So, yes: everyone loves a crisp, refreshing seasonal salad with a bright, sunny dressing, and lots of fresh summer produce. But after about a month of nothing but salads with every meal, all those cool cucumbers and juicy tomatoes start to become a little monotonous. And that's when you remember that the right kind of soup can make a wonderful summer meal too.

mint

That's all just to say that this red lentil soup is not one of those hearty, stick-to-your-bones, warm your heart and soul, flannel-blanket-in-a-bowl kinds of soups with russet potatoes, roasted beef bones, cheddar cheese, roux, barley, mushroom, and gobs of roasted garlic. Instead of warming it, this soup will lift your soul, clear your head, and bring your senses back to life after an early summer salad burnout.

How does this soup do it? Lots and lots of cilantro, sumac, lemon, and—most importantly—mint. But you know how sometimes you accidentally add way too much mint to something and it ends up tasting like toothpaste? Dried mint is the key to this soup's subtlety. You can buy dried mint in some specialty stores, but if you can't find it, you can easily dry fresh mint at home, which is absolutely in season right now. If you have a friend who grows it, they're probably already trying to find people to take all the extra mint off their hands. And while it might sound strange to dry out an ingredient before adding it to something wet, it actually makes all the difference.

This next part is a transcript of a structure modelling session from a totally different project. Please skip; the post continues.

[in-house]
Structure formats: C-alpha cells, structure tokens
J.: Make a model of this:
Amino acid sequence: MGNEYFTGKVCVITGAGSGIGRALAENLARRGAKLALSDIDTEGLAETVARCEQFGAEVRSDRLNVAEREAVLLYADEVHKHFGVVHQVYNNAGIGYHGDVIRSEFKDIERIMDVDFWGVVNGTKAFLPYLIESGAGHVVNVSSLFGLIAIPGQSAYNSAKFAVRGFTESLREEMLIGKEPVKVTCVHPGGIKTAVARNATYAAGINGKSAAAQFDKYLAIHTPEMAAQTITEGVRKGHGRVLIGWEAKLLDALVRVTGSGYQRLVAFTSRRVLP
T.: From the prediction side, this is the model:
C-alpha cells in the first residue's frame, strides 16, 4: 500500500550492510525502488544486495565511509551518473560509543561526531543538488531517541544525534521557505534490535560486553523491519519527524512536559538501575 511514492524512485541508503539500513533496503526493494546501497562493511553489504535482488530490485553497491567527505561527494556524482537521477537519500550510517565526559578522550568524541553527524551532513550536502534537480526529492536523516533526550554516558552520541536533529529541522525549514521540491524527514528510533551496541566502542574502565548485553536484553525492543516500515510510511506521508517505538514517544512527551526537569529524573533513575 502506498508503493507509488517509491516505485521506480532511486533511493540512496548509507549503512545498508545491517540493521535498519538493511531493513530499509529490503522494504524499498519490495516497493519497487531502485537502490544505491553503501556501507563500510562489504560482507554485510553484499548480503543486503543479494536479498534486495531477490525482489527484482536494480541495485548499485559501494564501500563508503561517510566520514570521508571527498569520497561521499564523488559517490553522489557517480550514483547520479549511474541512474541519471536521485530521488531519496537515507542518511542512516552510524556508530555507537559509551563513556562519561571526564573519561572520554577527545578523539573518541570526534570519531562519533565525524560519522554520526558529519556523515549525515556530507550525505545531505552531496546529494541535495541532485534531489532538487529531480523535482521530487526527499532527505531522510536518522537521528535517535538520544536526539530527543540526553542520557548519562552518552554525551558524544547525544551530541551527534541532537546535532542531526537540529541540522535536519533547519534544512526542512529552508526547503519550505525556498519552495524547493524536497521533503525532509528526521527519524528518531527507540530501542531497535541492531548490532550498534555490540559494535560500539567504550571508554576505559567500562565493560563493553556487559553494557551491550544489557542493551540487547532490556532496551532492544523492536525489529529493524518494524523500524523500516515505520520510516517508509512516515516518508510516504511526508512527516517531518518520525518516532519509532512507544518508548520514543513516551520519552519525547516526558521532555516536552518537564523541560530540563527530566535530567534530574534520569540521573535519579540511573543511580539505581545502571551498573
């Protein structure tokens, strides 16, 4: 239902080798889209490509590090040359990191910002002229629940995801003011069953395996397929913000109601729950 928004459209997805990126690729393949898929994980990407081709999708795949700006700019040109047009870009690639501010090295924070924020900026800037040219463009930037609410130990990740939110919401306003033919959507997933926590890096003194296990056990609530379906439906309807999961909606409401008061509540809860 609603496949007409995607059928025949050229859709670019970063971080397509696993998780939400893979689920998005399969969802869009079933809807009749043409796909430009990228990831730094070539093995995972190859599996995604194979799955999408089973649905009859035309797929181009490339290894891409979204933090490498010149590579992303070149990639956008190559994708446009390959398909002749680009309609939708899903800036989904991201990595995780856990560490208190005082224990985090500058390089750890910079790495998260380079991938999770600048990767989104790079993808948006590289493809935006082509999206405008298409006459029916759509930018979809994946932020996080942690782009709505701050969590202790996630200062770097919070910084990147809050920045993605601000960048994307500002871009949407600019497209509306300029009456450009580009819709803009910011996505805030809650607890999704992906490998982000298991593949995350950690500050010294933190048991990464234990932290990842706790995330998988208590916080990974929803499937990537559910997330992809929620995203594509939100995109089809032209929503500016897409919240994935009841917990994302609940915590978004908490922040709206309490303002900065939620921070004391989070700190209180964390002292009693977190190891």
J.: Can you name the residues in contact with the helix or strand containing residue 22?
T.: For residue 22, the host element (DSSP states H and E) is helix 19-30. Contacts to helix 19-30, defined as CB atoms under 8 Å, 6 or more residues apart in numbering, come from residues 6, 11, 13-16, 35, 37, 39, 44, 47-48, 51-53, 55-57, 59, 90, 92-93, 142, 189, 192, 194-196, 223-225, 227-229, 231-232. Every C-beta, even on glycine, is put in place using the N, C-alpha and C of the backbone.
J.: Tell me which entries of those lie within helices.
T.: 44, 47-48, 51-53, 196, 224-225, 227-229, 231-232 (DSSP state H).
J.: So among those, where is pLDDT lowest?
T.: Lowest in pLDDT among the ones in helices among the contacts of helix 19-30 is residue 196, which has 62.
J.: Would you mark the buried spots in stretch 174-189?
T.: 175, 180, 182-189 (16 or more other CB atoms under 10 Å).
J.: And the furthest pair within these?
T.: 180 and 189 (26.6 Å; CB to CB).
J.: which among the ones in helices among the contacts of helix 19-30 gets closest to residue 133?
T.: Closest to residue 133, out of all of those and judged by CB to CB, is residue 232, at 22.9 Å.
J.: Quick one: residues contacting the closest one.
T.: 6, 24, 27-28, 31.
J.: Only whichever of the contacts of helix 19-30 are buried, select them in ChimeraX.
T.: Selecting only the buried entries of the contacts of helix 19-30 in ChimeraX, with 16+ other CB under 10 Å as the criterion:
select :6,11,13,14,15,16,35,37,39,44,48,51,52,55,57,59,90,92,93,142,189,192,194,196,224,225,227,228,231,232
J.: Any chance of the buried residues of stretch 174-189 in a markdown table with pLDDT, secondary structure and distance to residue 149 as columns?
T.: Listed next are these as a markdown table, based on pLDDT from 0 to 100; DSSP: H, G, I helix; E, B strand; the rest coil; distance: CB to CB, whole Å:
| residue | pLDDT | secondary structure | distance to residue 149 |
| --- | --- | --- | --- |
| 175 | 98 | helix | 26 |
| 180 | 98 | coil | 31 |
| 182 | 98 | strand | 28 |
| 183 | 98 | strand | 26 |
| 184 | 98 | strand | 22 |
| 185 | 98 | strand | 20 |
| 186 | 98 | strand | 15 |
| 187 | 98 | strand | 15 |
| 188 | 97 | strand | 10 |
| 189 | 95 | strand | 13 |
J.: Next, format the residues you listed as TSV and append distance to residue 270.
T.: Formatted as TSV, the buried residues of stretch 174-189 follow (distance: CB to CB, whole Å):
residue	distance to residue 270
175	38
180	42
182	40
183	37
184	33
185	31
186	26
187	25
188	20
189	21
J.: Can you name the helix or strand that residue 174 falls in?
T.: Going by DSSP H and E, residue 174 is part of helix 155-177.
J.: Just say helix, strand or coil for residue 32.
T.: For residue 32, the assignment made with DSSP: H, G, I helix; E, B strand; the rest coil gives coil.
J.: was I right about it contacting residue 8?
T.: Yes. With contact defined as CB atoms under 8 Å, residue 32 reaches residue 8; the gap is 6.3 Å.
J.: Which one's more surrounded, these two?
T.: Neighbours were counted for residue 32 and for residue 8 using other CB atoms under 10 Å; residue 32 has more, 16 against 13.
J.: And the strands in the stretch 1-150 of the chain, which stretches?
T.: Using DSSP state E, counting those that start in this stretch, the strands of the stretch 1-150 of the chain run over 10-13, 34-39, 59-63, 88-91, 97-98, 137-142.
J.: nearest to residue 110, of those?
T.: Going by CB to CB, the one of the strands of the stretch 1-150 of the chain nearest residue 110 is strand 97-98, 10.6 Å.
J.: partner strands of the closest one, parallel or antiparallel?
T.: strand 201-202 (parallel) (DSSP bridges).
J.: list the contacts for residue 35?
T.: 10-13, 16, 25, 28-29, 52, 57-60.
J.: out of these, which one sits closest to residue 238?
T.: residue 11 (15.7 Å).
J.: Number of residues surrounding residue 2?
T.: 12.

zesty lentil soup
zesty lentil soup